Manchester United 0-3 Bournemouth: Three takeaways from another defeat at Old Trafford

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Tis’ the season for giving… and United did.

Manchester United v AFC Bournemouth - Premier League
Manchester United v AFC Bournemouth - Premier League / Stu Forster/GettyImages

A look at the final score line might have indicated that this was another performance that was as listless as against Newcastle United or Manchester City this season. But in truth, United’s effort was there unlike previous defeats and they were largely the dominant side on the ball for most of the game especially after the second half leading up to conceding the second goal.

Antony, Sergio Reguilon, Alejandro Garnacho and Bruno Fernandes all sprayed passes, ran at Bournemouth and pressed them relentlessly in search of a goal but the final finishing touch never came and for all their ball movement and efforts, ultimately Neto was never troubled in Bournemouth’s goal.

The issue came critically from the another aspect of the team: defending and their play on the ball in their own defensive half.

United looked horribly exposed and were caught outnumbered repeatedly when Bournemouth won the ball back as they struggled to deal with the physicality Andoni Iraola’s side brought on the night. Too many midfielders were committed forward, as has often been the case with Ten Hag’s system this season, leaving gaps in midfield and the away side duly exploited this.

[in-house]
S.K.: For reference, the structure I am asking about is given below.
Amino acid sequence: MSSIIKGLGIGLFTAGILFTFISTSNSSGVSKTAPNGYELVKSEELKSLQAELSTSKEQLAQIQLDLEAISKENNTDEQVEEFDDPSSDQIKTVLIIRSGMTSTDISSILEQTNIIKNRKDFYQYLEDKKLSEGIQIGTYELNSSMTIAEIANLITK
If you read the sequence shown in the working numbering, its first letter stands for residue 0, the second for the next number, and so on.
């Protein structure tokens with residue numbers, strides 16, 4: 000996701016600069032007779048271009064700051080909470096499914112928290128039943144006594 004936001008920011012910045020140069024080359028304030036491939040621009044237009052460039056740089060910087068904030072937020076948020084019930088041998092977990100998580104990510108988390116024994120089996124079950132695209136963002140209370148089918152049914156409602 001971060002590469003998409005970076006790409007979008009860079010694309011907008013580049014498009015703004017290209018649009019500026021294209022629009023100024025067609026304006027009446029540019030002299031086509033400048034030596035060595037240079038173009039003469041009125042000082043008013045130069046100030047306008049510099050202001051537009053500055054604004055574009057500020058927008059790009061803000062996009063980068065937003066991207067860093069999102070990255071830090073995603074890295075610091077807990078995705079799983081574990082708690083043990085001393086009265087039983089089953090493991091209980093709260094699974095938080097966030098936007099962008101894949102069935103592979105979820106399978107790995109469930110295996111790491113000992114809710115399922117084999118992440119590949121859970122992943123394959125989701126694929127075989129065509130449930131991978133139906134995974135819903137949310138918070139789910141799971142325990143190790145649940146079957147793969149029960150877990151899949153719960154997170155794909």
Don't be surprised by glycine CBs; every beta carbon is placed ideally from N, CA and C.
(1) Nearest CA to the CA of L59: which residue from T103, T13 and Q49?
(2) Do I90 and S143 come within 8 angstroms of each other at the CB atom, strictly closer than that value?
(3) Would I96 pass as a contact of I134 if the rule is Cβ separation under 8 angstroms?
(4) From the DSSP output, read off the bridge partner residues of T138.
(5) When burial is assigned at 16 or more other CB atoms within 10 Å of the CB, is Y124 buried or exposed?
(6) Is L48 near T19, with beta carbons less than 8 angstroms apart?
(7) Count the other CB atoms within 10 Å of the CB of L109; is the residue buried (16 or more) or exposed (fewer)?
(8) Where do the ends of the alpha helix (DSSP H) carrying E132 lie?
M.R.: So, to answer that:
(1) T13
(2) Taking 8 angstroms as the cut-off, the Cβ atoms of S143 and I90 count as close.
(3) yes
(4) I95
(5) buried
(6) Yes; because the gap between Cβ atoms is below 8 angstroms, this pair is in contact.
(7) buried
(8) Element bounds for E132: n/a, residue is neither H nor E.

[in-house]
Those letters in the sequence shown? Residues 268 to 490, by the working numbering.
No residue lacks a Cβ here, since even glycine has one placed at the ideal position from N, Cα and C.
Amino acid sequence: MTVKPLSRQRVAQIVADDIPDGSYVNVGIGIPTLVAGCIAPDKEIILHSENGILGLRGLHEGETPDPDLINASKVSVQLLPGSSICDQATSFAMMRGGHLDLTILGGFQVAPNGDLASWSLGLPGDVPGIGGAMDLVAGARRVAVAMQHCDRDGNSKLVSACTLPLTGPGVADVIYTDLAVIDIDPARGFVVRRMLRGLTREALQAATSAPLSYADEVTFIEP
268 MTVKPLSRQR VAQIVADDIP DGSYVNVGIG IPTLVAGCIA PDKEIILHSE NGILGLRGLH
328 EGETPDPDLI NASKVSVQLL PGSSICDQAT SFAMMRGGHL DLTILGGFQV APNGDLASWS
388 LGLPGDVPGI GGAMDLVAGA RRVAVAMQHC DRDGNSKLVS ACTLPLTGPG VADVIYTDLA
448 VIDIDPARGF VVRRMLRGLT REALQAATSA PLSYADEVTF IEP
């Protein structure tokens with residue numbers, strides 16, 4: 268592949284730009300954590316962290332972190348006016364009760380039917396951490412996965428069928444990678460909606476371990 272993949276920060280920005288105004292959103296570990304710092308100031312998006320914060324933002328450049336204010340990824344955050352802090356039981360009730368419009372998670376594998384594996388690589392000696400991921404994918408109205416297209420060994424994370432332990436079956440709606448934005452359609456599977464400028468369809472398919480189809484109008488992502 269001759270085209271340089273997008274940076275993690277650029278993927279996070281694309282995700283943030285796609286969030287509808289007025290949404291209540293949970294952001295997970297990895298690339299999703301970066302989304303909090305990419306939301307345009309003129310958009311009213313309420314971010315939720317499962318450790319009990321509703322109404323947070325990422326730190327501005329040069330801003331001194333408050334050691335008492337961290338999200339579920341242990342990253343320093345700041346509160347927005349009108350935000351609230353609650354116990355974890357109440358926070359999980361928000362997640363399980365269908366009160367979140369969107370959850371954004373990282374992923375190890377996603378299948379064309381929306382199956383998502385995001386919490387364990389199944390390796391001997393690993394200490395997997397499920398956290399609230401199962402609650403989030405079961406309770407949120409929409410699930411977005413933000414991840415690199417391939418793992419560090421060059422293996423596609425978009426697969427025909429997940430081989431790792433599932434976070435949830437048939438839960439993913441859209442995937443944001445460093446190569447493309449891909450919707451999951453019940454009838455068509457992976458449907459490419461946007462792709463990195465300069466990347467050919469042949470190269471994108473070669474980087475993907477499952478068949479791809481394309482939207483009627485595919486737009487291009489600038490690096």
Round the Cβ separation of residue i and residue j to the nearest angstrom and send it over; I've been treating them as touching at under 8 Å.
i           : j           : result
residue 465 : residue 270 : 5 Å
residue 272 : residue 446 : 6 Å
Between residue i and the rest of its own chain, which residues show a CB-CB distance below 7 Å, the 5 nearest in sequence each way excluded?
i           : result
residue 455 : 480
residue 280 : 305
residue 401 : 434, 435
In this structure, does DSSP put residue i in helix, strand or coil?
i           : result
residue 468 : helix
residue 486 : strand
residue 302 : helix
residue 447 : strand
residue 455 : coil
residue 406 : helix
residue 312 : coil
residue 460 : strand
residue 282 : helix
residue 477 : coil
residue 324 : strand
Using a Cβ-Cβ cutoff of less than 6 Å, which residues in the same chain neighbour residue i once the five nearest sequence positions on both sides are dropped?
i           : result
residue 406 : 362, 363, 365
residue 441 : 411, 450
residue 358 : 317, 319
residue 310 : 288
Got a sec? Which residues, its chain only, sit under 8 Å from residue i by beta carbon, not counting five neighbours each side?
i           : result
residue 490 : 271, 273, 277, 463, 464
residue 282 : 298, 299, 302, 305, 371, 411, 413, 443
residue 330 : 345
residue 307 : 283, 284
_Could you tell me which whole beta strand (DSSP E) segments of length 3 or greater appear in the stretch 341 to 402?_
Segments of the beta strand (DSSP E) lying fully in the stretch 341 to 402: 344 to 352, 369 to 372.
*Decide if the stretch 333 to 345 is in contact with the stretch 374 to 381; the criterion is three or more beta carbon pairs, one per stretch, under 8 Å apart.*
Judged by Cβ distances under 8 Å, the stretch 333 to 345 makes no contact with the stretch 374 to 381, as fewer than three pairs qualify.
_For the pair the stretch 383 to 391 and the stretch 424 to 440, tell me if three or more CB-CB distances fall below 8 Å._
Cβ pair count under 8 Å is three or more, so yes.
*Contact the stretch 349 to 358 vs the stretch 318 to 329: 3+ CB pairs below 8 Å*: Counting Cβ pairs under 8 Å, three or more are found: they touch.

Bournemouth’s opener came through a calamity of errors with Fernandes playing an ambitious ball to Scott McTominay who failed to anticipate the pass and made a flimsy attempt at winning the ball only to be beaten to it by a more willing Lewis Cook who then easily ran past Sofyan Amrabat to send a low cross which Dominic Solanke cutely finished.

Luke Shaw, who is usually comfortable against the press, was targeted and gave the ball away numerous times when on the ball and without it, struggled against the physical play of the bigger bodied Solanke. His night was punctuated by his pass which gave the ball back to Bournemouth leading to their second goal which Philip Biling rose over him to head past Andre Onana.

United then produced their final gift for Bournemouth on the night to allow a free Marcos Senesi to head home from a corner to a stunned Old Trafford crowd.

United might have held more of the ball and dominated most of general play leading up to Bournemouth’s second but it was the visitors who looked more clinical and sharp when they did attack.

Perhaps United will reflect upon this game and do well to recall the old adage that it is more important to work smarter and not just harder. All their efforts on the ball count for naught when the ball is given away cheaply and when they make critical errors in defending corners that would not be expected at even the youth level.